But it was important to do that. But, overall, this entire process, there's three different camps of Republicans. You have the hardcore base and those on the Left who feel the president caved on this.

And many Republicans, like myself included, who feel this was a smart compromise with the Democrats.

Then you have the president and this administration who say this is an opportunity, an opportunity to reach out to Democrats and really test their desire, really, to try and secure our border. So they are going into these talks this week until February 15th with that in mind.

VANIER: Wait, hold on.

You don't think the president caved?

STEWART: I think it was -- I never thought Mexico was going to pay for this wall. I knew he was going to put national security and securing our border as a top priority, so that was never an issue for me.

I think what he did put out there on the table, with regard to some fence, some border security, humanitarian aid, extending protections for DREAMers as well as TPS recipients and putting more boots on the ground and drones in the air, that is, I think, an important and a wise move.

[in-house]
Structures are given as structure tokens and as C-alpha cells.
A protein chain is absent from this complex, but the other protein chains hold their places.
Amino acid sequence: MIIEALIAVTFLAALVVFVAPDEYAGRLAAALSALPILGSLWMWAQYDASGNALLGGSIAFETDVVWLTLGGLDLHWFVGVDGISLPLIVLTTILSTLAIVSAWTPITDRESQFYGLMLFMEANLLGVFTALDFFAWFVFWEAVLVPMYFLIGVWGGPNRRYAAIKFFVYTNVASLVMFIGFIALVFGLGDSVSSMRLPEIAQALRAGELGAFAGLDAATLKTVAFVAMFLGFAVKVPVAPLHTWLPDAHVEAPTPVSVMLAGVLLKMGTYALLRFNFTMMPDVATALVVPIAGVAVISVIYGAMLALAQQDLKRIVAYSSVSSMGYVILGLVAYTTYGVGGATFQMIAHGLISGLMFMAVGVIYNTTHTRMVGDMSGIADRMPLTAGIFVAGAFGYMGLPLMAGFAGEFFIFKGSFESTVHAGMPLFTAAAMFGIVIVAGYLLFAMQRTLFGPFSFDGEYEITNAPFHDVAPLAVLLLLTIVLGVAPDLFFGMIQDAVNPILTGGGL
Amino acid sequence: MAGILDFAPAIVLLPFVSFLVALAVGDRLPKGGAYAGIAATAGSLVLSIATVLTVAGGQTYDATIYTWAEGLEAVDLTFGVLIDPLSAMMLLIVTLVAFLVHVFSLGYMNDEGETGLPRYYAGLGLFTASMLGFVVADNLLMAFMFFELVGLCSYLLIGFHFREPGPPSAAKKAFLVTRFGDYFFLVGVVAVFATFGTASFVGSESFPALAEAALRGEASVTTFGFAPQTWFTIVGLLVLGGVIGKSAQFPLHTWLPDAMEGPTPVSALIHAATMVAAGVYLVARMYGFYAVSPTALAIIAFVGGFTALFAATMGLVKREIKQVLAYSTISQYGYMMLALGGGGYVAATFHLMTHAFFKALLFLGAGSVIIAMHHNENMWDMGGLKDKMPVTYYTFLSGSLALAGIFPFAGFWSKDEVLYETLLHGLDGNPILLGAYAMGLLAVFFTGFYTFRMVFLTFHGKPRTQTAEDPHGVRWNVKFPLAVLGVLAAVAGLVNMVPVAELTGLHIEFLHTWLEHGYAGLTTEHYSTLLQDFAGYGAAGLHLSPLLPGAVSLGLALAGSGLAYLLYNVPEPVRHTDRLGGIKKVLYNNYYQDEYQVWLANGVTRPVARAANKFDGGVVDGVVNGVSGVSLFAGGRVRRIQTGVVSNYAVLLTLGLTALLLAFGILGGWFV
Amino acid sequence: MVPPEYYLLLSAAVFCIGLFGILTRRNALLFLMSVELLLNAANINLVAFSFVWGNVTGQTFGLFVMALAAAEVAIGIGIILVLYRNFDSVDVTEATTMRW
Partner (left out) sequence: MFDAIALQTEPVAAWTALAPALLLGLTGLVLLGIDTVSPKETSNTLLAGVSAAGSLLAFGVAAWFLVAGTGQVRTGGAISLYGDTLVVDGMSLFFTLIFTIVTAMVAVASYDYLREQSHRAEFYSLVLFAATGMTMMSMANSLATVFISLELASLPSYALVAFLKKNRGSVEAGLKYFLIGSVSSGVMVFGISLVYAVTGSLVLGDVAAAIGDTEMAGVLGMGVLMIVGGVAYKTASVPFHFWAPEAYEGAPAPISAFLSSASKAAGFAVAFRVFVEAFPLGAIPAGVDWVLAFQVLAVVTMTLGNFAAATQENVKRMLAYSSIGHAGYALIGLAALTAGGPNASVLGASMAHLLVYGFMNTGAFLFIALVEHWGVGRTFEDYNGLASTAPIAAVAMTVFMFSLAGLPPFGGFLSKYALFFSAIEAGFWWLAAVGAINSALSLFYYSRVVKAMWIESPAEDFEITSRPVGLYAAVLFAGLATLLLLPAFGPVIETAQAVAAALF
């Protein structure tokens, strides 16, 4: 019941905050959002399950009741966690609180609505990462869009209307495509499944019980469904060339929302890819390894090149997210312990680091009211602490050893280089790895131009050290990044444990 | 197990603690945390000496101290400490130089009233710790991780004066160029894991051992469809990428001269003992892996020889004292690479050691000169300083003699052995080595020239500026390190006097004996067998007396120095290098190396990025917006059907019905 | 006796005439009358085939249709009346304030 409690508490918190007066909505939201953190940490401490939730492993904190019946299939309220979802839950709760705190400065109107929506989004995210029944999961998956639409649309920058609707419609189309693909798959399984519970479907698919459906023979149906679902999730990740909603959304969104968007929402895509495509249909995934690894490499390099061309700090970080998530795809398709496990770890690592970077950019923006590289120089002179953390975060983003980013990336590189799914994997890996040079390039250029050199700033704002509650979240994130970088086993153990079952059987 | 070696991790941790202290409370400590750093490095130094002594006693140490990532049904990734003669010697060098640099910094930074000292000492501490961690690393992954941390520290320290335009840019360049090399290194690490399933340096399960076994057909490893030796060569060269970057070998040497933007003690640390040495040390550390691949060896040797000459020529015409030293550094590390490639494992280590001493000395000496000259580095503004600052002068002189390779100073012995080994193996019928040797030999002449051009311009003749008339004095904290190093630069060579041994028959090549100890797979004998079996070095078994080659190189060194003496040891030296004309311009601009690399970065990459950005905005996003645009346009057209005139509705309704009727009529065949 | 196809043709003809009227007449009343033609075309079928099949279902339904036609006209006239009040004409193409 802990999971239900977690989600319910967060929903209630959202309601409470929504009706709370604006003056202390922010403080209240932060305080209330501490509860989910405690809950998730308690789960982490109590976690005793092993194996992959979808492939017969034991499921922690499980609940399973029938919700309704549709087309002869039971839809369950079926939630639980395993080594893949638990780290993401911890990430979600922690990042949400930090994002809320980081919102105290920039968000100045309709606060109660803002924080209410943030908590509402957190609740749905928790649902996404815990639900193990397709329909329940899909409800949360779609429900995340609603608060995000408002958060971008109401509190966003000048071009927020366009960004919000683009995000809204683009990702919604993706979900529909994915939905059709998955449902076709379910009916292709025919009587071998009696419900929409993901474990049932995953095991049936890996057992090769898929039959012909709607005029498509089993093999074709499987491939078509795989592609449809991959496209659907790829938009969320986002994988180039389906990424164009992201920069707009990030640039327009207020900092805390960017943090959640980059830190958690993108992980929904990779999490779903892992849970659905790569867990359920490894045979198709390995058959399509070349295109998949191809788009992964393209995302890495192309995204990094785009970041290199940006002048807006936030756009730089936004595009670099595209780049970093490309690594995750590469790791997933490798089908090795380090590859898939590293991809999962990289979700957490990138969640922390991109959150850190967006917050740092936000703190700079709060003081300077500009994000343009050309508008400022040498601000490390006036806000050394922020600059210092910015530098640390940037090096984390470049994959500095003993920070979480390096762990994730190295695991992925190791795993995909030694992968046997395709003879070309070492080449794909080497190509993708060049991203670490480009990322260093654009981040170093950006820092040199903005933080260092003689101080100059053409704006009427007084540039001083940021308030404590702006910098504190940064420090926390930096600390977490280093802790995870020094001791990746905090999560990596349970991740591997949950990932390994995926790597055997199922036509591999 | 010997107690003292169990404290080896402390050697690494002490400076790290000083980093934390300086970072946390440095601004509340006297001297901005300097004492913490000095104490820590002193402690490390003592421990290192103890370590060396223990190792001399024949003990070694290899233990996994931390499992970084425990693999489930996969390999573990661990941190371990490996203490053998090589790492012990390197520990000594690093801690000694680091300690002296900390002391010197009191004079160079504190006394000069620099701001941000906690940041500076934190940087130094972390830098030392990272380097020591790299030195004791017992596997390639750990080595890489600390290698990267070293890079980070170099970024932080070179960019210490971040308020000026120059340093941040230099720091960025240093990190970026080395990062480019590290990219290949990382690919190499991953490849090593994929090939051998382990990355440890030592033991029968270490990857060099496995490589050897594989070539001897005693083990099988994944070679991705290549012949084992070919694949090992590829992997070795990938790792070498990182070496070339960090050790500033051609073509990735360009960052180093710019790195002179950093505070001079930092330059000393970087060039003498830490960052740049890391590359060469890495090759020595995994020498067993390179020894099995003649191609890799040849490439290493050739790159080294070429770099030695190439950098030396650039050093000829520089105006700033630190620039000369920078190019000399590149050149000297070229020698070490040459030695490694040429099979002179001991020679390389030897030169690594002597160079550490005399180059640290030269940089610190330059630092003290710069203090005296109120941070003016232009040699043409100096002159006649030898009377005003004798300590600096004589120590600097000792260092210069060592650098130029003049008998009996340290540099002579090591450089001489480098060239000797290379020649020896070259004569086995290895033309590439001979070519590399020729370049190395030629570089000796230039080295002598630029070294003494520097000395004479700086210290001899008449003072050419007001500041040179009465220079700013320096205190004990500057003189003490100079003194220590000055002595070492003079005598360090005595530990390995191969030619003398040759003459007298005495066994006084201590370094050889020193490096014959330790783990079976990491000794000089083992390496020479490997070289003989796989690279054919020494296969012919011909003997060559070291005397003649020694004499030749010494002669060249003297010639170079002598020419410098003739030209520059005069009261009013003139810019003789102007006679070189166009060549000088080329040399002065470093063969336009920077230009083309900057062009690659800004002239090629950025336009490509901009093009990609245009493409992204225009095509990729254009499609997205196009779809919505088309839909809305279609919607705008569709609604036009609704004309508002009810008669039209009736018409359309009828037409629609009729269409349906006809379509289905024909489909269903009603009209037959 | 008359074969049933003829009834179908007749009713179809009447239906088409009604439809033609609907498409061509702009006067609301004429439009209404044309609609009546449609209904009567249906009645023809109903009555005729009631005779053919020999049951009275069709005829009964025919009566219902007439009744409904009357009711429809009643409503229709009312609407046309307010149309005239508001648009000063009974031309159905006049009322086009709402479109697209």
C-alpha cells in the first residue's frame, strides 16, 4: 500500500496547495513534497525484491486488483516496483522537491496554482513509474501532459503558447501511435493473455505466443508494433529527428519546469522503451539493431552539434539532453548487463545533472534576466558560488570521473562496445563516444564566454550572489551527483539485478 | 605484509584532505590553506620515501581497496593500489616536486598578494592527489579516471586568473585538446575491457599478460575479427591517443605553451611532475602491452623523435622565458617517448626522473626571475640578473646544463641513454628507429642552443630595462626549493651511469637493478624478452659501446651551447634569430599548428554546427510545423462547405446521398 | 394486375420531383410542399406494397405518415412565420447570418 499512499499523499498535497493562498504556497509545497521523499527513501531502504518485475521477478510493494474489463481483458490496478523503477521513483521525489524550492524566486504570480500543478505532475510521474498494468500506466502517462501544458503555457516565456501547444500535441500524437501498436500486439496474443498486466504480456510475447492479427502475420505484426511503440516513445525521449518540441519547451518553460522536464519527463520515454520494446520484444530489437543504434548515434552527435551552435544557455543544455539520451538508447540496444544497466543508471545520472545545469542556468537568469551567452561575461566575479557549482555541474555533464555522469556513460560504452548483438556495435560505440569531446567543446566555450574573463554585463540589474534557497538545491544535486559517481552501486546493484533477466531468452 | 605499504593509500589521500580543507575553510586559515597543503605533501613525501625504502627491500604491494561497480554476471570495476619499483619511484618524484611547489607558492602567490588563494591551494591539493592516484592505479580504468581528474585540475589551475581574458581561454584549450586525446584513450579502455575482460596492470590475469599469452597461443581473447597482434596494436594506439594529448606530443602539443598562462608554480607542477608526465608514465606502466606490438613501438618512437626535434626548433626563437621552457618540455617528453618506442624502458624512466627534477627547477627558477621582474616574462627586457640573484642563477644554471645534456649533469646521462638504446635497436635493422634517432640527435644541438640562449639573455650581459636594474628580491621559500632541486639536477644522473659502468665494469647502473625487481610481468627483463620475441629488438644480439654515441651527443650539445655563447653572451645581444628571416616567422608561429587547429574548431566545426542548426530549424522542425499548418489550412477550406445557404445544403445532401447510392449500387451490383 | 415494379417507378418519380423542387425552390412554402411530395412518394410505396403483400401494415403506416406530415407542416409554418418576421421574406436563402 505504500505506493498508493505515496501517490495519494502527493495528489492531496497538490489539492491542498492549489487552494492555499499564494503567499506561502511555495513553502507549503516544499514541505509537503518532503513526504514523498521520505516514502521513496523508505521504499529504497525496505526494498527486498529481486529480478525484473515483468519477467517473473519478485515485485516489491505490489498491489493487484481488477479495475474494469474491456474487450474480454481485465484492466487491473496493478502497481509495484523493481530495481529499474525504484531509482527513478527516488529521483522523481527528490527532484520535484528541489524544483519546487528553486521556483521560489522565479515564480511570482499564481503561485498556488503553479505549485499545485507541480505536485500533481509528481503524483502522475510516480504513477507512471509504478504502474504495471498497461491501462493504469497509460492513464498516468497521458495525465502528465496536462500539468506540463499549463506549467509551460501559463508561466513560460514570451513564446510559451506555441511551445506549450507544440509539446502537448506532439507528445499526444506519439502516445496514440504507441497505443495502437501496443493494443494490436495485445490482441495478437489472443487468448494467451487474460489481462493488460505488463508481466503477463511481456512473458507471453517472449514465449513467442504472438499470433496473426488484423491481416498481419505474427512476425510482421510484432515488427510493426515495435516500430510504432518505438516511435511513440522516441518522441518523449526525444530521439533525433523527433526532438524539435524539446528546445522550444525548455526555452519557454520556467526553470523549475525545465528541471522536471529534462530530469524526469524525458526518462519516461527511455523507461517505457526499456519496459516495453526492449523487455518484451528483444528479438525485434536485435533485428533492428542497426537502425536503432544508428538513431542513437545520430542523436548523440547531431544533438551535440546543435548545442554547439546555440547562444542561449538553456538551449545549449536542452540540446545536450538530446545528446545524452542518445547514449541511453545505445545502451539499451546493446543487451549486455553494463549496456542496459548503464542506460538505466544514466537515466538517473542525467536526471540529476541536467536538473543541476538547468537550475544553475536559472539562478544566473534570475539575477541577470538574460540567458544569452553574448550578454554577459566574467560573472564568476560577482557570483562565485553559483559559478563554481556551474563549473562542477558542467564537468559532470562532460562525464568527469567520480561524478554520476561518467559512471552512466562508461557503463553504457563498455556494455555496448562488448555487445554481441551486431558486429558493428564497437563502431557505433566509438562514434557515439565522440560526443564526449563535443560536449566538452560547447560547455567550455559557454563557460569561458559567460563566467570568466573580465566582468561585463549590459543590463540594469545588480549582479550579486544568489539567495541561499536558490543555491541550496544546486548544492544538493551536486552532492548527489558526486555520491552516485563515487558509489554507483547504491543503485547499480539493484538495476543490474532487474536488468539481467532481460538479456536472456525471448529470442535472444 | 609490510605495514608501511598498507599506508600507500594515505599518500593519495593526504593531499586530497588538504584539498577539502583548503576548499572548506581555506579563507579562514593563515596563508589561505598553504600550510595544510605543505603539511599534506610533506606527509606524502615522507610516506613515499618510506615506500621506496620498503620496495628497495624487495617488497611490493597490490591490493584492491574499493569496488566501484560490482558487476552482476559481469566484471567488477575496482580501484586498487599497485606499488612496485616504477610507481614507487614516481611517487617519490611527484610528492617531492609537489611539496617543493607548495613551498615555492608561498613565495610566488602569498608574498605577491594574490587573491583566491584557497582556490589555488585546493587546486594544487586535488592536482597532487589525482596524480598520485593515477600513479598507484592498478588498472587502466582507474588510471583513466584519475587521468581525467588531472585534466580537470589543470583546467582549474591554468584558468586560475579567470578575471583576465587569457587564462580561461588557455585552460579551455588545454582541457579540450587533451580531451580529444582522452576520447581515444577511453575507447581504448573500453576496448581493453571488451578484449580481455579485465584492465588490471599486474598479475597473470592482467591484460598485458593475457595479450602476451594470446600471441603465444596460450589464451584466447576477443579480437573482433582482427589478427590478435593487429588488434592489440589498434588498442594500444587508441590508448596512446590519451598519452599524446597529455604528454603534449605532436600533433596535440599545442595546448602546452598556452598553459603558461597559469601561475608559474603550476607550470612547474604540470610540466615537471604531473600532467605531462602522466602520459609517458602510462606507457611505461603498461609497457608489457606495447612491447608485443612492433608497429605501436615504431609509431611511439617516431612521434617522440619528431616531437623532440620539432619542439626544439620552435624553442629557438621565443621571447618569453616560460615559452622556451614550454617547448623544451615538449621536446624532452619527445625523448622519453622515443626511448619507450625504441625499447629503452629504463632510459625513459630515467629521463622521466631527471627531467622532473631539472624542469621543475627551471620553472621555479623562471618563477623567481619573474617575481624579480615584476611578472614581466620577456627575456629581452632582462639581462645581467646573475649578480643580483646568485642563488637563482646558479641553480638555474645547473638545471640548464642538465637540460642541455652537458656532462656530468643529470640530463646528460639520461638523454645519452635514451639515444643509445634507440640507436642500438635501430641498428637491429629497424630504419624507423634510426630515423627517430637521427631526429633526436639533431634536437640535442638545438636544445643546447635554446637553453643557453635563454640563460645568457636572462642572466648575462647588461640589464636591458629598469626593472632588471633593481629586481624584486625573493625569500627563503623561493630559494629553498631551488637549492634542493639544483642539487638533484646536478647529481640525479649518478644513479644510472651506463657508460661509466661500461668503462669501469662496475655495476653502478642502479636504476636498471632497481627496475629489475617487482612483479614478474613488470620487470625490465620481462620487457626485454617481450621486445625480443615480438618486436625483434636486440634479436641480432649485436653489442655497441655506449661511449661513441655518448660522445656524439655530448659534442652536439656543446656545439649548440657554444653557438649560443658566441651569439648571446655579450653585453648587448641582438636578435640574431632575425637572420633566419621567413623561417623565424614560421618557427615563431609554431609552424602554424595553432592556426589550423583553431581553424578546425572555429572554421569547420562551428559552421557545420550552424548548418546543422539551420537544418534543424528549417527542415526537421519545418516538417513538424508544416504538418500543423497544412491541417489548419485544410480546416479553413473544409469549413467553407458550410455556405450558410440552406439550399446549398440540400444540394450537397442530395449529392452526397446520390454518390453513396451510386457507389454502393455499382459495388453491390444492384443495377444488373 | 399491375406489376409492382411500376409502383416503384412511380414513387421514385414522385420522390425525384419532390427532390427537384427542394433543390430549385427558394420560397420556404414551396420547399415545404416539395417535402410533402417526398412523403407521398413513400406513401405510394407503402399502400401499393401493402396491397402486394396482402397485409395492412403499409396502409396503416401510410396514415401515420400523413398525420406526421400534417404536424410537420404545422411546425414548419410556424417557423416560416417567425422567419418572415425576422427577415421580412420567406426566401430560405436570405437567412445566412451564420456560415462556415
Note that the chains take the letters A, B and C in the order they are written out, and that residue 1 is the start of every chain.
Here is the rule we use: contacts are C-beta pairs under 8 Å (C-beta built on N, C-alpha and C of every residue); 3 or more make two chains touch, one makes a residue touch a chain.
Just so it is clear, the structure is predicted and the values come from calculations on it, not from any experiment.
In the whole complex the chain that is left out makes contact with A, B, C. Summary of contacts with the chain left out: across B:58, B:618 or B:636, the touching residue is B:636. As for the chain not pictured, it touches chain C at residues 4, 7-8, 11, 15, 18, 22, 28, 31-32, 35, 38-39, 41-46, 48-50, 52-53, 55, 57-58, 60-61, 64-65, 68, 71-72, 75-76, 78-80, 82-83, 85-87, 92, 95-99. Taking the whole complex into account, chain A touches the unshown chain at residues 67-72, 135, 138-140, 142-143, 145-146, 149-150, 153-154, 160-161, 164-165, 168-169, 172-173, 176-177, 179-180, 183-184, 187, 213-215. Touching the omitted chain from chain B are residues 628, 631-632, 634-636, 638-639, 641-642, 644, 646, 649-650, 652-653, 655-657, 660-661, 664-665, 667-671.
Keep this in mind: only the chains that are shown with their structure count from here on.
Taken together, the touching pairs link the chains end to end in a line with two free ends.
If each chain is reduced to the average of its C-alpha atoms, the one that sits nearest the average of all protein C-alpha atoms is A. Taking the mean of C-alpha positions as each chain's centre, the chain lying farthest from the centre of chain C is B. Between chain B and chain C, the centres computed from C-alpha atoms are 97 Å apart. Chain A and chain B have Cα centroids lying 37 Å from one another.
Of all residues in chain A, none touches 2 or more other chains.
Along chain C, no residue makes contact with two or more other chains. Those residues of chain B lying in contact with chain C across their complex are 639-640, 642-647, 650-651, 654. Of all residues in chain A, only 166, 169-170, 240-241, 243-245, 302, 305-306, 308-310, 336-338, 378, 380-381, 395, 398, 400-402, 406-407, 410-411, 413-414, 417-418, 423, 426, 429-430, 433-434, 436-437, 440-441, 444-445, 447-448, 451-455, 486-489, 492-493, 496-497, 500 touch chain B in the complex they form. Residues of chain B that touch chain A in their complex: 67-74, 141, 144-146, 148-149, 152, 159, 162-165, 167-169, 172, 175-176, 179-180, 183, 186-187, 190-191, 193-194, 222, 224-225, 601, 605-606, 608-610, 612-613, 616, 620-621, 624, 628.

I think he should have done that from the very beginning. Unfortunately, we got to this point. So I don't see it as a cave by any means.

But then again --


STEWART: -- I wasn't one of those hardcore Trump supporters from the very beginning.

VANIER: Now he caused -- I wonder what you think about his handling of the shutdown, his strategy for it, because he's the dealmaker, right?

And he caused this big showdown. He wanted it, apparently, over his signature campaign promise, the border wall. And, in the end, five weeks into the shutdown, it seems like he didn't really have a plan to win this fight that he started.

Does that give you pause?

STEWART: It does. Look, the problem is, we had this shutdown showdown and nothing to show for it. And I would imagine that's probably not a chapter in his book, "The Art of The Deal."